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Last Updated on July 8, 2019

10 Reasons Why People Are Unmotivated (And How to Be Motivated)

10 Reasons Why People Are Unmotivated (And How to Be Motivated)

How many times have you said to yourself that you’re going to do something but you end up not following through with it because you weren’t motivated enough? You end up crossing that workout, call to a friend, study session or shopping trip off your to-do list without even completing the task.

But you are not alone. Millions of other people are also unmotivated at some point.

We will look into the reasons why we will have a lack of motivation every now and then, and look at ways of reversing this trend so you can end up motivated.

1. They Only See the Bad Side in Anything That Happens.

Usually, unmotivated individuals have a terribly pessimistic view on their chances of success.

Psychologists have labelled this as having a low level of self-efficacy, which is the innate ability to influence the outcome of a project or venture. There are lots of myths about how to fix this, such as writing down your goals and simply visualizing success.[1]

What to Do?

The secret to staying motivated is to honestly audit your skills and the challenges that lie ahead. Sometimes a difficult goal is useful in spurring a person on to do better. We persist because the challenge is personally rewarding.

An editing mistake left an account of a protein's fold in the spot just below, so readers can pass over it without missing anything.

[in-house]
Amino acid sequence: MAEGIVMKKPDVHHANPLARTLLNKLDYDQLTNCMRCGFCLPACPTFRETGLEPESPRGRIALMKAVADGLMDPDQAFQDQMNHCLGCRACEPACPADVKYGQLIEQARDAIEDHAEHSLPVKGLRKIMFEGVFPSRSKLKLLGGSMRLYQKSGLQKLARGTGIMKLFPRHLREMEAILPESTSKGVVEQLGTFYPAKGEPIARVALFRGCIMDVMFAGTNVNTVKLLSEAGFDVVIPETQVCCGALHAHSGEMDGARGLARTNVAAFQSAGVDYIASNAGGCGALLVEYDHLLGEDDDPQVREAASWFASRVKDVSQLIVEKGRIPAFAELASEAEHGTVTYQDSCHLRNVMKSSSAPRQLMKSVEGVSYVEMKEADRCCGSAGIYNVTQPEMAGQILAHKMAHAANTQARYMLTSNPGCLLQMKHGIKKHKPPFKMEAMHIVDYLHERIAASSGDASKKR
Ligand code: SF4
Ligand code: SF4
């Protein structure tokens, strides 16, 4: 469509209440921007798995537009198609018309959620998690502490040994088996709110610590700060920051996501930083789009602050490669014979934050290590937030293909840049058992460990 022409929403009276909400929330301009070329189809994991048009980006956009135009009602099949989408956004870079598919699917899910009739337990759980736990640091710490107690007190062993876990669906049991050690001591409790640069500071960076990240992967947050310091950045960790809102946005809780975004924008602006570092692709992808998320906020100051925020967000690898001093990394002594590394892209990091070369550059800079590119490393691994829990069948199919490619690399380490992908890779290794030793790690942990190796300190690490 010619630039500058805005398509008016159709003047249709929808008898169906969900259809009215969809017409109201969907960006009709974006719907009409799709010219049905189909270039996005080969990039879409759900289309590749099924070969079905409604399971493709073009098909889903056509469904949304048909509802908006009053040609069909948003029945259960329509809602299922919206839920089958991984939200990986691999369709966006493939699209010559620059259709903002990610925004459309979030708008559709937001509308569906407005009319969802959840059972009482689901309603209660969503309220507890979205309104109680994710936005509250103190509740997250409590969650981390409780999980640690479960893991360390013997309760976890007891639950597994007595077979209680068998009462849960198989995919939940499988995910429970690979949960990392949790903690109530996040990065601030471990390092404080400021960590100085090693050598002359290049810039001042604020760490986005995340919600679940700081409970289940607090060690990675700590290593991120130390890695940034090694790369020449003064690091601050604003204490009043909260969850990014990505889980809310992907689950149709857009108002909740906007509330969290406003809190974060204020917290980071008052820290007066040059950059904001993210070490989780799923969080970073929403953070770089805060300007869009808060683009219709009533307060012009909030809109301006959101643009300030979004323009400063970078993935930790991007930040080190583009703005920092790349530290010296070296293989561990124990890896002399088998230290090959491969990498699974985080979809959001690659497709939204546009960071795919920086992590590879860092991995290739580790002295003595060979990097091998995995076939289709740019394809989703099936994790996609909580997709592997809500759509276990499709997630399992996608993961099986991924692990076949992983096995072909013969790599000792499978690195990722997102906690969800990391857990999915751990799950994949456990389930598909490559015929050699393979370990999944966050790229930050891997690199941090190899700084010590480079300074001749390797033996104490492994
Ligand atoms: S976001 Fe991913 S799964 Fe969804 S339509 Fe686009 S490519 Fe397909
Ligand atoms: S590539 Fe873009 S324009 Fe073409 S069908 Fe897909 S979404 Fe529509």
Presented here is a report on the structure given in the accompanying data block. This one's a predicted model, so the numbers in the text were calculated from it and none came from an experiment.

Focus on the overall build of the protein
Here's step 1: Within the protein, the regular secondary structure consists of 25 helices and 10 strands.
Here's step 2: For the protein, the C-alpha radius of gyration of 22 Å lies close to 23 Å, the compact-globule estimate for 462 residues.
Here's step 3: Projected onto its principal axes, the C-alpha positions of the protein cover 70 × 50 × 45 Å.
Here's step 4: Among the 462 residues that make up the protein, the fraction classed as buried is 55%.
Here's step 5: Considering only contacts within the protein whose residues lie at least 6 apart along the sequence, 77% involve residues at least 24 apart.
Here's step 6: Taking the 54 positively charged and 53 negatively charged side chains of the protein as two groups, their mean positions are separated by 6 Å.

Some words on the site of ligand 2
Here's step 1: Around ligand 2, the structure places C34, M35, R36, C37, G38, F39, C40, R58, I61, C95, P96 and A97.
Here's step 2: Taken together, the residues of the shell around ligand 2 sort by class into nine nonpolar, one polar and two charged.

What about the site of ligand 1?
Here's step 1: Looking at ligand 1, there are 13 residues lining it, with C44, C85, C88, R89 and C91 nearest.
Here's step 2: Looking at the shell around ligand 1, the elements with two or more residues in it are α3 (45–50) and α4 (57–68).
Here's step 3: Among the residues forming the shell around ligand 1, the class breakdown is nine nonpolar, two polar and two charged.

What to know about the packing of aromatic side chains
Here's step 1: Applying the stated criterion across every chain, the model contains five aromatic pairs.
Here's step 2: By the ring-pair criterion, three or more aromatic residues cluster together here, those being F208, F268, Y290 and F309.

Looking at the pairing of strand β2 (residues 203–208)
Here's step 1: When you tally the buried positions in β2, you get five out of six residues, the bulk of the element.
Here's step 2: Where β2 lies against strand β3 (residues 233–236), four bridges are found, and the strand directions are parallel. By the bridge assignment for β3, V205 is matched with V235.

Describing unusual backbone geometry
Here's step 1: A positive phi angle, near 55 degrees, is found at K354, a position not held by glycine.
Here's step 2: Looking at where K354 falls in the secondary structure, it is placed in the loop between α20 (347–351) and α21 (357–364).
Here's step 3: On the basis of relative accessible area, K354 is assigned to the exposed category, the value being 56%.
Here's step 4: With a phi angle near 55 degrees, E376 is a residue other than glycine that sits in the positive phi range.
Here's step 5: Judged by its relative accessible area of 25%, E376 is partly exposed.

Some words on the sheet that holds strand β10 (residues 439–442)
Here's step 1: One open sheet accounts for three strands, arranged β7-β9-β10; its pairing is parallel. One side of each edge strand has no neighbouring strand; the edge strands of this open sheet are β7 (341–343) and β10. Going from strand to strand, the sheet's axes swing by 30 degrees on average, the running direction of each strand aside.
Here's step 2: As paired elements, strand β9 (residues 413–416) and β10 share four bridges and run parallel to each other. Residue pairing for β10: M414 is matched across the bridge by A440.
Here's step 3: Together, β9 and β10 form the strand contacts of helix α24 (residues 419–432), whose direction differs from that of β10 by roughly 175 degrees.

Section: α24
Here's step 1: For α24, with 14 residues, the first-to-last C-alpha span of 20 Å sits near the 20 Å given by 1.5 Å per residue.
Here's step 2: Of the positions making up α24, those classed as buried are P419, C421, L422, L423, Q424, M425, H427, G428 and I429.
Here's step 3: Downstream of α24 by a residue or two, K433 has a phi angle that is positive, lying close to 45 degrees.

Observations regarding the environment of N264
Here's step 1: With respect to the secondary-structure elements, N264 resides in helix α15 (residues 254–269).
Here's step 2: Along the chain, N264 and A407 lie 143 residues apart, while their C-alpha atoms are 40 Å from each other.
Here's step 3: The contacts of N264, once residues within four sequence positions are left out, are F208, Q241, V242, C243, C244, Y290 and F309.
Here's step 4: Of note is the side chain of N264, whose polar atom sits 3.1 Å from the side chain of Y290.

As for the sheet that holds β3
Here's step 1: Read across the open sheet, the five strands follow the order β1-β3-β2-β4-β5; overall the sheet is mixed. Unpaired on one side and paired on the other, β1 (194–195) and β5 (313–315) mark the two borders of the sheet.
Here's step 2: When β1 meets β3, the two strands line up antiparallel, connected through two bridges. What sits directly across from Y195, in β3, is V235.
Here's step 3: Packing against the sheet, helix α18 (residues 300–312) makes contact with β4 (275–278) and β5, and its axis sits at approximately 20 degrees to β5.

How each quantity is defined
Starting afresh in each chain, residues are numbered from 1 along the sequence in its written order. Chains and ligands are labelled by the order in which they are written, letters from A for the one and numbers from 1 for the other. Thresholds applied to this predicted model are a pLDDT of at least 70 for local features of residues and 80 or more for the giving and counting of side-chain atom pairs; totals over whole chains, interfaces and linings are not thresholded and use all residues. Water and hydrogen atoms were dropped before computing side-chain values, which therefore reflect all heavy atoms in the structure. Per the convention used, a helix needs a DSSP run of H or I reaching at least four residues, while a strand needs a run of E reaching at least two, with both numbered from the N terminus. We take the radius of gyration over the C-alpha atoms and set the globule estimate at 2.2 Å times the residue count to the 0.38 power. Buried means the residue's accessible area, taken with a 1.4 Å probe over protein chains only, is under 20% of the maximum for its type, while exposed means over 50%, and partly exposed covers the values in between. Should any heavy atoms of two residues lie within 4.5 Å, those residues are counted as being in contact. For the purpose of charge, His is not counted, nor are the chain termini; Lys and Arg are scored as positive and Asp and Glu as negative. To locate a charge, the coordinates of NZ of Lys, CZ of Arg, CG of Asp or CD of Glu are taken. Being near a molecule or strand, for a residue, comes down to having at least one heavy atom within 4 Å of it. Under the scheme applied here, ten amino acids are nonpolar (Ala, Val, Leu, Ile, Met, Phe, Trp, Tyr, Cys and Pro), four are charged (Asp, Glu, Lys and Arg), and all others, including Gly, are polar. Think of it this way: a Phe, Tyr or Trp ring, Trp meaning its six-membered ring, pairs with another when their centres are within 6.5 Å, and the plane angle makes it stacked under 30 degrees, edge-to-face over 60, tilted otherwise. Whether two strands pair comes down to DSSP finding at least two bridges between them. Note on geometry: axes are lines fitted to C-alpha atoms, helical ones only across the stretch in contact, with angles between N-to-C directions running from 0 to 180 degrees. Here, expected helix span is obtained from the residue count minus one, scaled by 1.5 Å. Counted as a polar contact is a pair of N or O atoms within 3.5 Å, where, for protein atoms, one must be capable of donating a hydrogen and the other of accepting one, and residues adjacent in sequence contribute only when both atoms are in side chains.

2. They Forget the Benefits and Rewards.

Most unmotivated people get distracted by a daunting challenge. They think of the blood, sweat and tears that face them in achieving a task or objective. They forget to think of the long-term rewards and benefits, which is an essential element in motivation.

What to Do?

Every time when you don’t feel motivated, visualize the rewards you’re trying to get. Celebrate small wins often, so you know rewards and benefits are not that far away from you.

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    3. They Set Themselves Unrealistic Goals.

    In the business world, having stretch goals is often advocated as the path to success since it will increase motivation. Researchers and psychologists have recently found that this is actually false.[2] Demotivation may set in because the problems are just too complex and unnerving.

    What to Do?

    A much better approach is to break down projects into smaller challenges, where one can see results in a much shorter space of time. This compartmentalization will give much more motivation, encouraging the individual to see a project through to the end.

    4. They Do Not Know About Mini Habits.

    When they think about getting what they want, they want to do something big once and for all. So when they fail to do so, they feel defeated and unmotivated.

    What they don’t know is that to achieve greatness, it’s about the small things they do every day.

    What to Do?

    There’s a great book I love; it’s Stephen Guise’s Mini Habits: Smaller Habits, Bigger Results. The concept is a simple one to help with demotivation.